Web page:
Md. OKs $8.7M in compensation for 3 wrongly imprisoned for 36 years

Andrew Stewart, from left, Alfred Chestnut, and Ransom Watkins speak Monday, Nov. 25, 2019, in Baltimore, Md. The three men had been incarcerated for 36 years in Maryland were exonerated in the slaying of a Baltimore teenager after a review of their case. (Jerry Jackson/The Baltimore Sun via AP)

Three men who were wrongly imprisoned as teenagers 36 years ago for killing a 14-year-old in Baltimore will be receiving $8.7 million in compensation from the state.

The Maryland Board of Public Works on Wednesday voted for the compensation for Alfred Chestnut, Ransom Watkins and Andrew Stewart, who were sentenced to life in prison in 1984 for killing DeWitt Duckett over a Georgetown University basketball jacket the previous year.

Comptroller Peter Franchot said the compensation was based on Maryland’s median household income of $81,868 per year, and called it “a small, inadequate healing.”

“We chose that [number] intentionally,” Franchot said, because the convictions “deprived these men of the opportunity to have a household income.”

“And although no dollar amount can restore what was stolen from them, I hope that today’s action brings some solace and a sense of vindication for these three individuals,” Franchot said.

The men also will receive $10,616 for mental health and financial counseling.

“All of them experienced unimaginable pain, and there is no question they deserve to be justly compensated as they work to rebuild their lives,” Gov. Larry Hogan said.

He reiterated his call for a legislative solution, so that any future cases could be determined by a fixed formula.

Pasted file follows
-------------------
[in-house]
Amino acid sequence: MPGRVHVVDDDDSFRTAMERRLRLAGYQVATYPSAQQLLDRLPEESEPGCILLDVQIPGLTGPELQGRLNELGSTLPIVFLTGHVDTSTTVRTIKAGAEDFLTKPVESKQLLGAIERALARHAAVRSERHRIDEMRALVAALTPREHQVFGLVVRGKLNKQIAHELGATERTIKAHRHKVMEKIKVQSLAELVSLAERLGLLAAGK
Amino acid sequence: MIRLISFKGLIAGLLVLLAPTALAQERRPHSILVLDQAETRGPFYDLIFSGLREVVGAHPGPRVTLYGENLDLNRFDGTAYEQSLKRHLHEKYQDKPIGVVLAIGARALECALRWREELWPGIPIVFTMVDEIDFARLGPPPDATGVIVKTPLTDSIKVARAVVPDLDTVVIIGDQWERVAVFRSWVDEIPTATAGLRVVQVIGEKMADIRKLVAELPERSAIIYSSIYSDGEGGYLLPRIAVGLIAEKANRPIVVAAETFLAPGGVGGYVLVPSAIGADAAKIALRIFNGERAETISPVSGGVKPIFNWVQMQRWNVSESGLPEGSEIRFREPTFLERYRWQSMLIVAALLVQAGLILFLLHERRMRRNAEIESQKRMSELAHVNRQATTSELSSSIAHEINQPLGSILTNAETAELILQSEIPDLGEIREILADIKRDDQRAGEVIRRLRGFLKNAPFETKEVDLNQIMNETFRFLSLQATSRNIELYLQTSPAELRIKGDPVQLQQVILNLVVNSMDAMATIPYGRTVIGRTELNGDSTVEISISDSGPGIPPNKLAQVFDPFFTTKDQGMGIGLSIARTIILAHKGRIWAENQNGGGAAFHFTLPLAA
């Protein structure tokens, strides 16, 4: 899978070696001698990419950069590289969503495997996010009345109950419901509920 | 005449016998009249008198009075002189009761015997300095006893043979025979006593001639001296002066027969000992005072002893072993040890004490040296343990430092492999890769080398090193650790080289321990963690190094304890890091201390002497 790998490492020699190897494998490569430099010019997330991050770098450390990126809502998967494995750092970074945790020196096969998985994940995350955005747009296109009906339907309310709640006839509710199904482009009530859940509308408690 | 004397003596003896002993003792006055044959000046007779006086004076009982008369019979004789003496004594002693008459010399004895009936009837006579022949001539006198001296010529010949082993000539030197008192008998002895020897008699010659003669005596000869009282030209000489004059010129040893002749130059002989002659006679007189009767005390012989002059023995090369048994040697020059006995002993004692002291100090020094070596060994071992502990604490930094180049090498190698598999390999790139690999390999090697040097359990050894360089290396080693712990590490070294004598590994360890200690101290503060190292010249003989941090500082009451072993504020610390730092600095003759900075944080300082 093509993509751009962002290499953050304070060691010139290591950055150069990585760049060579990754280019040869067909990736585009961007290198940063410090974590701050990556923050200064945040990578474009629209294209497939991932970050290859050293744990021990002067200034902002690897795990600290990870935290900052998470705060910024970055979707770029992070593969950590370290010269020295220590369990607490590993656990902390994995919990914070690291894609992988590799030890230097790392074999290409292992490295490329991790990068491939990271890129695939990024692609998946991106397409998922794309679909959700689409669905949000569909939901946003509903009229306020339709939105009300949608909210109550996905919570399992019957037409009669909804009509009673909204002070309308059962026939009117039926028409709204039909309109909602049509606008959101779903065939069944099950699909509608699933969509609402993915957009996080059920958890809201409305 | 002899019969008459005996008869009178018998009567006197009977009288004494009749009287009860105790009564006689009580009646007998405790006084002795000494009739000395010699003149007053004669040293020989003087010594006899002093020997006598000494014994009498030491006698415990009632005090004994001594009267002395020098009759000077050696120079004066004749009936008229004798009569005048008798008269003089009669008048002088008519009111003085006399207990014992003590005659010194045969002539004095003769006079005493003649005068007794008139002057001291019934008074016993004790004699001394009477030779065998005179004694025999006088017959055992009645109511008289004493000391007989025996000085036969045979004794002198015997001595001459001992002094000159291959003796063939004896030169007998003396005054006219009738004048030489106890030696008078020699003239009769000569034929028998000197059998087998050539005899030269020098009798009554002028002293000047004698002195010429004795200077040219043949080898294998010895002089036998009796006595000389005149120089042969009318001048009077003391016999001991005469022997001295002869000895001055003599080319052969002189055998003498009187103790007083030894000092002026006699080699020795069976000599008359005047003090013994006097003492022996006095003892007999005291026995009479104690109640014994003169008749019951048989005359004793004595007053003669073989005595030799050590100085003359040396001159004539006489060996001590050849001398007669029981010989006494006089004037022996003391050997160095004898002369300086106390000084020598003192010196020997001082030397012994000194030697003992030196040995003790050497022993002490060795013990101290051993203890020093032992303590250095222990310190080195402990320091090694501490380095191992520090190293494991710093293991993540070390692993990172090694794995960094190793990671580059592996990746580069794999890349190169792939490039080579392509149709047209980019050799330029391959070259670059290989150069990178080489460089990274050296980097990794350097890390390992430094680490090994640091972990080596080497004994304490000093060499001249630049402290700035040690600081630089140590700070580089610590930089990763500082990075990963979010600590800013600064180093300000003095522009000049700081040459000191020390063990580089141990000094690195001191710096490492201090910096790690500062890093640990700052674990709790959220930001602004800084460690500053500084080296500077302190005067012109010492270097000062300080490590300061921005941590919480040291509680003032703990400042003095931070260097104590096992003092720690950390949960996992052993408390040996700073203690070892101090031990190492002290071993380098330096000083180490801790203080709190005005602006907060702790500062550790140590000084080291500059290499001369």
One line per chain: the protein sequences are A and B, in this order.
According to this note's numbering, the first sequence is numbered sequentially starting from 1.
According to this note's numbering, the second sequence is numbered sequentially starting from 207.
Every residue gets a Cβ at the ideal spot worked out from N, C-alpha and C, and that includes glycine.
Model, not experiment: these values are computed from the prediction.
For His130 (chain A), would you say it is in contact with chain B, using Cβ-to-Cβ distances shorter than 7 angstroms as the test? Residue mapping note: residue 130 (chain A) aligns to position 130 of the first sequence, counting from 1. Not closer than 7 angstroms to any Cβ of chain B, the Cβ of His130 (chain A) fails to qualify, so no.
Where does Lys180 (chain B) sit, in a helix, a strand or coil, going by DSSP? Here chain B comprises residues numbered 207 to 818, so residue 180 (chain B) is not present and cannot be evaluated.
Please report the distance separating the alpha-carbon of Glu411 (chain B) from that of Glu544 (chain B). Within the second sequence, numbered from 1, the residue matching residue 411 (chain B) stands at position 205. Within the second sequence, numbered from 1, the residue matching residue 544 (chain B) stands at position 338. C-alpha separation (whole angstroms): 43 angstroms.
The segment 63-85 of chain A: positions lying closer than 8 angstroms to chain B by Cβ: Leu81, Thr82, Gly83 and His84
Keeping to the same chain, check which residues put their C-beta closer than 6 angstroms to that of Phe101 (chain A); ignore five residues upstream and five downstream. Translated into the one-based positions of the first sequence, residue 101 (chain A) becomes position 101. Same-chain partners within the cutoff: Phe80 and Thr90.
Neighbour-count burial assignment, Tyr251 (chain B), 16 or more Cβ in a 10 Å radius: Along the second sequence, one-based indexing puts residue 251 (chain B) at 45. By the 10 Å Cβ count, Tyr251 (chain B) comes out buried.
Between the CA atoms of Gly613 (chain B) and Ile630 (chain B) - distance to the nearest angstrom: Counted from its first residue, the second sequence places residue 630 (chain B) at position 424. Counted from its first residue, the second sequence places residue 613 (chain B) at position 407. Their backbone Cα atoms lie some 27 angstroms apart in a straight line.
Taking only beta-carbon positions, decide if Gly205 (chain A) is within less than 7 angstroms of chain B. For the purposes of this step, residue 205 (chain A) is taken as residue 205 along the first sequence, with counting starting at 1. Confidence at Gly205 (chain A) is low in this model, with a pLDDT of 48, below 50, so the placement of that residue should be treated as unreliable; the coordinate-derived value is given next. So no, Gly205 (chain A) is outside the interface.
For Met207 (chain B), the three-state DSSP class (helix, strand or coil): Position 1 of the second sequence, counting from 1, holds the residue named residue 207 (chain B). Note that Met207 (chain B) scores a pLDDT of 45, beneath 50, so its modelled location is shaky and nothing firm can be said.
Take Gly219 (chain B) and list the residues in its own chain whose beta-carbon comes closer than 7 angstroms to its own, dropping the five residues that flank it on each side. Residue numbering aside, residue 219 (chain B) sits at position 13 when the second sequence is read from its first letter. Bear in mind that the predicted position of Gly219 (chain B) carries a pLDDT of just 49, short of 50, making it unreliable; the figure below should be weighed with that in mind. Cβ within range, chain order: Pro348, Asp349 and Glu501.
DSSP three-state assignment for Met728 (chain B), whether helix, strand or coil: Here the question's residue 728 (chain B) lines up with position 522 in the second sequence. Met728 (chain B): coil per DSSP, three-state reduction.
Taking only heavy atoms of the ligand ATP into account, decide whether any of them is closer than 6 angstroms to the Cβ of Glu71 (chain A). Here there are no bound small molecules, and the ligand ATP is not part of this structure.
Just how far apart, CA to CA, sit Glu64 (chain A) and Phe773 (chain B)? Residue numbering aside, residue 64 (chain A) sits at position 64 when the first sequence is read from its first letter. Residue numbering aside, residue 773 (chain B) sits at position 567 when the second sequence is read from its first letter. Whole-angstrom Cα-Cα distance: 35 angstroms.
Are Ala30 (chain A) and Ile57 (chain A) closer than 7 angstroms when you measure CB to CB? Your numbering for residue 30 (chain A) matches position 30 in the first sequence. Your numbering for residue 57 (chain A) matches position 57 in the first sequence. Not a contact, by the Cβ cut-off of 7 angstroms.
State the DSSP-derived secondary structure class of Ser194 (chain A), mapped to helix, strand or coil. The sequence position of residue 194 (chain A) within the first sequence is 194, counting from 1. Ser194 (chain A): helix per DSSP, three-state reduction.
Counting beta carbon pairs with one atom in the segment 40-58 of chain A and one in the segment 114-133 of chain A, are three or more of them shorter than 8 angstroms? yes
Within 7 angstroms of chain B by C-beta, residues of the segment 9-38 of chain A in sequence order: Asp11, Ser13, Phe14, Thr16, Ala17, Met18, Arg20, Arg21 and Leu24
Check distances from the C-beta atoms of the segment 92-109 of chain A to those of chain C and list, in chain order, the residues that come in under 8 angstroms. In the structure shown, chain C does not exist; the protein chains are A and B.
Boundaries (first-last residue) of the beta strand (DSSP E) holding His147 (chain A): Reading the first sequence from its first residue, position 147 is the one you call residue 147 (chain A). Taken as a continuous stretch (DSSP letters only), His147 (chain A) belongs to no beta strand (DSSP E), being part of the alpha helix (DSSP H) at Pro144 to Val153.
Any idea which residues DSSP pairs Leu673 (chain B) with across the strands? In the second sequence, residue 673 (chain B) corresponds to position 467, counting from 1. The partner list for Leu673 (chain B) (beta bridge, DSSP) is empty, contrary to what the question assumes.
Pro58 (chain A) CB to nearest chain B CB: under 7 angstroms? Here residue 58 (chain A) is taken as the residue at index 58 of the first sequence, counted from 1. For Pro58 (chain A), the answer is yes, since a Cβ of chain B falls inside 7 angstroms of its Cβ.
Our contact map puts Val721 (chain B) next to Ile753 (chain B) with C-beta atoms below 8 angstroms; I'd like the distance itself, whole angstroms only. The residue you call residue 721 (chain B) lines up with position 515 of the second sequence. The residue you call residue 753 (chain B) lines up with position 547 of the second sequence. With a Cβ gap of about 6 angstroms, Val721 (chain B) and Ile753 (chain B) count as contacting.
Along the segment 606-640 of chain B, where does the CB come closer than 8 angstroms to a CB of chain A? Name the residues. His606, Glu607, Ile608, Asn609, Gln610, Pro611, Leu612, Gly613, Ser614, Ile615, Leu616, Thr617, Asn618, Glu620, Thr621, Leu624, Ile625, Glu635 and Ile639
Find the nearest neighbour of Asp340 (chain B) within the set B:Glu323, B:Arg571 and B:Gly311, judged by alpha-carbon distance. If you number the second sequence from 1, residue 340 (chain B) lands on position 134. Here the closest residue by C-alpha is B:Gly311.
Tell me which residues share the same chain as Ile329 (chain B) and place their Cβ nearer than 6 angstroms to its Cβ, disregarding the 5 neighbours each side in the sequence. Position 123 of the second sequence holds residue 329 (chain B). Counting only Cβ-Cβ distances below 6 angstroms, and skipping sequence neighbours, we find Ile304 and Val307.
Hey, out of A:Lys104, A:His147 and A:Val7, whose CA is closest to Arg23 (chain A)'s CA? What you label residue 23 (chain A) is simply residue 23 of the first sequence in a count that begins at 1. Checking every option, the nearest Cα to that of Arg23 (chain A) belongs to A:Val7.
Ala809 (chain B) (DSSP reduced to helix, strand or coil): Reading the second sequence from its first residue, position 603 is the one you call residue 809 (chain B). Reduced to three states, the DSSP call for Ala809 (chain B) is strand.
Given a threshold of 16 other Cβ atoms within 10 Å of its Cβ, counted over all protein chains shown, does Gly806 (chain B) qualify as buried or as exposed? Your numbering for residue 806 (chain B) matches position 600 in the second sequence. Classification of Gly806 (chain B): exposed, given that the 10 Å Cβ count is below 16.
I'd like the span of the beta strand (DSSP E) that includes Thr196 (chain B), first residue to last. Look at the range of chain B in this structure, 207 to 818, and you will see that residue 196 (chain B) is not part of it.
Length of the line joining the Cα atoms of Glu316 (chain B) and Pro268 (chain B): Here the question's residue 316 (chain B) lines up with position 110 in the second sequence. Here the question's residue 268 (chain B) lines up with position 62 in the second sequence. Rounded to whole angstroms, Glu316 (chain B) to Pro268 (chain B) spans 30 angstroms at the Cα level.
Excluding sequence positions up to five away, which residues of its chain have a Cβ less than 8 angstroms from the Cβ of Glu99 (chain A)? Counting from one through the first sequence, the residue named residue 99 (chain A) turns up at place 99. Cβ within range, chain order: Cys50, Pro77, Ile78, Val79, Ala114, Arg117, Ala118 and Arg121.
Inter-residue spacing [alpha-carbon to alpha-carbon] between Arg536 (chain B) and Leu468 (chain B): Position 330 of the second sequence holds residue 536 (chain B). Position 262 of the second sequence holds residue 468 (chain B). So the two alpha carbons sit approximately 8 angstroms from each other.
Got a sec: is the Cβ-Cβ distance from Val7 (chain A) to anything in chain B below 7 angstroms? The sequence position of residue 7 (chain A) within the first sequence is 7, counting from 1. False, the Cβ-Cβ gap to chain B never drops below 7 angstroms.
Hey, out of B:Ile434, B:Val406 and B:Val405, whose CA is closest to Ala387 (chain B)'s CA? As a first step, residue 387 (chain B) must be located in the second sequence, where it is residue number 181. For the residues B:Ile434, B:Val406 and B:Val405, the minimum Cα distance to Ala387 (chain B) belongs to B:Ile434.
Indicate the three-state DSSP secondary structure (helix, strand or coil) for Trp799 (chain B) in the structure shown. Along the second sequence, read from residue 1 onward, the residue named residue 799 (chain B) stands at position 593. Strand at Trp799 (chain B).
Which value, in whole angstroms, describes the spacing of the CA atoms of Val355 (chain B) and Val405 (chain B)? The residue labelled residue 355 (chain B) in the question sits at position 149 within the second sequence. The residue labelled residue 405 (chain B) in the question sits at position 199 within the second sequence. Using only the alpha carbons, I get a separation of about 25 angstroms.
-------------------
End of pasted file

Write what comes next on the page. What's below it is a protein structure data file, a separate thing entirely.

“It wasn’t just a mistake; someone else did the deed and it was known,” Treasurer Nancy Kopp said. “I just thank God it was recognized, and I thank God they retained their faith in justice.”

Their convictions were cleared last November. Baltimore City State’s Attorney Marilyn Mosby reopened the case after Chestnut obtained records that showed multiple witnesses told the police that someone else had killed Duckett, NBC News reported.

The main piece of evidence against Chestnut was a Georgetown jacket found in his closet, but it had no blood stains on it; his mother had the receipt and a cashier recalled Chestnut’s mother buying it, CNN reported.

A prosecutor reportedly coached other witnesses to identify the three men; the witnesses later recanted their testimony. The prosecutor also told the court that there were no reports that anyone else might have committed the crime.

The three men are the seventh, eighth and ninth defendants released as a result of the prosecutor’s Conviction Integrity Unit, The Washington Post reported.

In October, the state approved about $9 million in compensation to five other wrongfully convicted men who were imprisoned for a combined 120 years.

Maryland lawmakers are considering legislation this year to change the state’s procedures for compensating the wrongly convicted. The measure would determine a fixed amount for compensation based on the five-year average of the state’s median household income. It also would designate administrative law judges to determine eligibility.

Prisoners who meet one of five conditions would be eligible: those who have been pardoned by the governor; who have a certification of innocence by a state’s attorney or a finding of innocence from an administrative law judge; and prisoners whose convictions were reversed or who were retried and acquitted.

The Associated Press contributed to this report.

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